As a Swede living in New York, I've been hearing a lot about socialism; about how my country has pioneered it, and, starting in late August or so, about how Bill de Blasio represents it over here.
(To the former, I politely reply that, for seven years now, Sweden has had a centre-right government that has cut taxes and fudning for welfare programs; that since 1996, Sweden has seen the world's fastest pace of deregulation and privatization of public services, according to the Heritage Foundation, with a for-profit school sector comparable only to Holland's or Chile's; and that, sure, the Social Demorats dominated Swedish politics between 1932 and 2006, but that theirs was a always reformist take on socialism rooted in parliamentary politics and a hands-off approach to industrial relations that would satisfy both labor unions and the business community. I try not to sound like I'm recycling the same answer every time -- which, of course, I am.)
The latter, however, I've spent some time thinking about. And no, de Blasio is no socialist.
He has vowed to tax the rich to benefit the many, to fight inequality and prevent New York City from becoming "a playground for the rich." It may, for some, have been a radical campaign -- but such can only be the case where socialism -- the actual thing -- is miles off the mainstream political spectrum. In fact, I don't think that, in policy, de Blasio represents a pronounced leftward shift. Pronounced in rhetorical message, sure, but a closer look at his campaign's policy priorities renders a mayor mindful of holding the center and antagonizing as few as possible. Socialism will still be far off, here and in Sweden.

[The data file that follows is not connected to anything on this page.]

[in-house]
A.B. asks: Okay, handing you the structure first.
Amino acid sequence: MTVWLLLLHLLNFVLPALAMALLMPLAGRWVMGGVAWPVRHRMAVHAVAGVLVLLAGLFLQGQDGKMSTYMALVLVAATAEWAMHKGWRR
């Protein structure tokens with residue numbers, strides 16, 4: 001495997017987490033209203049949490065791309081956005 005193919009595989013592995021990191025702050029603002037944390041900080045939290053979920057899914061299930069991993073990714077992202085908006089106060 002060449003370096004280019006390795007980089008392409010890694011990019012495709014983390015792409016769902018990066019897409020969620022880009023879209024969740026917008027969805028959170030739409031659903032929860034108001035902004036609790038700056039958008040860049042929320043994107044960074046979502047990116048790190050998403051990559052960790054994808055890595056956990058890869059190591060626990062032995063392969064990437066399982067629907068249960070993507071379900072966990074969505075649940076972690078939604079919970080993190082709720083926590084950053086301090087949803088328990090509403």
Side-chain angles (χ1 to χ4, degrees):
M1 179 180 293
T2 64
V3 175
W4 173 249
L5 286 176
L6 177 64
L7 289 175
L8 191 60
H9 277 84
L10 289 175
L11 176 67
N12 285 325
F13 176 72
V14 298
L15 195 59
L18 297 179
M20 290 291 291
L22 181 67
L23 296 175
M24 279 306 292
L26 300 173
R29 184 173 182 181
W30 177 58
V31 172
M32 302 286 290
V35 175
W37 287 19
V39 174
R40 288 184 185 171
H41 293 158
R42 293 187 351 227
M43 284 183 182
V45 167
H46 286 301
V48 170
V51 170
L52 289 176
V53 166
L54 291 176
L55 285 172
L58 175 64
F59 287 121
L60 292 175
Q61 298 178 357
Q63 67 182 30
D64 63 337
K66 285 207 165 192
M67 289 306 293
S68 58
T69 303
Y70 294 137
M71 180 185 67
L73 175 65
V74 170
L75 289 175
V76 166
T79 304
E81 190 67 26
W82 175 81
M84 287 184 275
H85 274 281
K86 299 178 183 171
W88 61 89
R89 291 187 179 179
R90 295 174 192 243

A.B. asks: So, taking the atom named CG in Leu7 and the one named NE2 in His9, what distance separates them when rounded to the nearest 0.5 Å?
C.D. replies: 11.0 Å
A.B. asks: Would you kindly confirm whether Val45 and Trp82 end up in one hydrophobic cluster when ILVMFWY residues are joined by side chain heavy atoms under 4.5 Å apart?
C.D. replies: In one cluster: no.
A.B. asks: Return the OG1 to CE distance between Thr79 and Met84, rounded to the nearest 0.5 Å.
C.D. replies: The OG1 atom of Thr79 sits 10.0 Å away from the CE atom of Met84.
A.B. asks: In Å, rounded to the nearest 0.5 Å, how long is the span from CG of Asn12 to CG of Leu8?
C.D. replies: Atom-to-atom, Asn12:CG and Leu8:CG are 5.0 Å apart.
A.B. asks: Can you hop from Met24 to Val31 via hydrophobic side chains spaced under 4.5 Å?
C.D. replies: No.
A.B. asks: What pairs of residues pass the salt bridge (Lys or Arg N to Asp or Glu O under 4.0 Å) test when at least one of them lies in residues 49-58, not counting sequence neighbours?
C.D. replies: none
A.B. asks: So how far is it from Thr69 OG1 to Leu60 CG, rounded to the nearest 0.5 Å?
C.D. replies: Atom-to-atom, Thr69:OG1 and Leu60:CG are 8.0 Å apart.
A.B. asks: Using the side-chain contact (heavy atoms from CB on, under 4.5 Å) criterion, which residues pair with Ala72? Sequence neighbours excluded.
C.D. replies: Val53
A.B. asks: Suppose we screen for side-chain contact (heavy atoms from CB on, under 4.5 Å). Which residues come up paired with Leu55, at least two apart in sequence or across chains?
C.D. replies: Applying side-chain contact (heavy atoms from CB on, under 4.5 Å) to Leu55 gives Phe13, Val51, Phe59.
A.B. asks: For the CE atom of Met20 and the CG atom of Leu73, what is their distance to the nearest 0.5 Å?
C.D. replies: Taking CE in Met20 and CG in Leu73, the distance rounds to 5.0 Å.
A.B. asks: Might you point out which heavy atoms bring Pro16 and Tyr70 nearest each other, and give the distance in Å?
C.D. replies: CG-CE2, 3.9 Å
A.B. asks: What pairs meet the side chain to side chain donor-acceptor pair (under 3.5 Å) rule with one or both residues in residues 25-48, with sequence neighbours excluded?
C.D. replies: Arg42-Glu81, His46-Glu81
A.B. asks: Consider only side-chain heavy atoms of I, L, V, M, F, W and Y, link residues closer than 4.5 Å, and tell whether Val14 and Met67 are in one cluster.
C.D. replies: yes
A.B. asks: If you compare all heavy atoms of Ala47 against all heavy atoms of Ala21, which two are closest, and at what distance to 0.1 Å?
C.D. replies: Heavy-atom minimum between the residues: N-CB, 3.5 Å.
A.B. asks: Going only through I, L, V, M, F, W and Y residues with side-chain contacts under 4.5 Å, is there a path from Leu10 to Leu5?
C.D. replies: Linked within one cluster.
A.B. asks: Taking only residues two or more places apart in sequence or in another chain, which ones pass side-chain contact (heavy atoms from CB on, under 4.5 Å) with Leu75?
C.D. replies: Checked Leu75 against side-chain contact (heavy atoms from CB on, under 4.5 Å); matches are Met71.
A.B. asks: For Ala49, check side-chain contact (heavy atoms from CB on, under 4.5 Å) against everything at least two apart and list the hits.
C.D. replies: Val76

If there were a time for New York to shift progressive, this would be it. Nonhispanic whites -- the most reliably Republican voters, according to interactive maps compiled by the New York Times -- make up a much smaller share of the population than in 1990, when they accounted for 43 percent of the population. In 2010, a third of New York was white, Hispanics stood at 29 percent and Blacks made up 23 percent. Both Latinos and blacks are groups who sway liberal in opinion polls. Three-quarters of Hispanic respondents to the Pew Research Center in 2012 said they favor big government over small.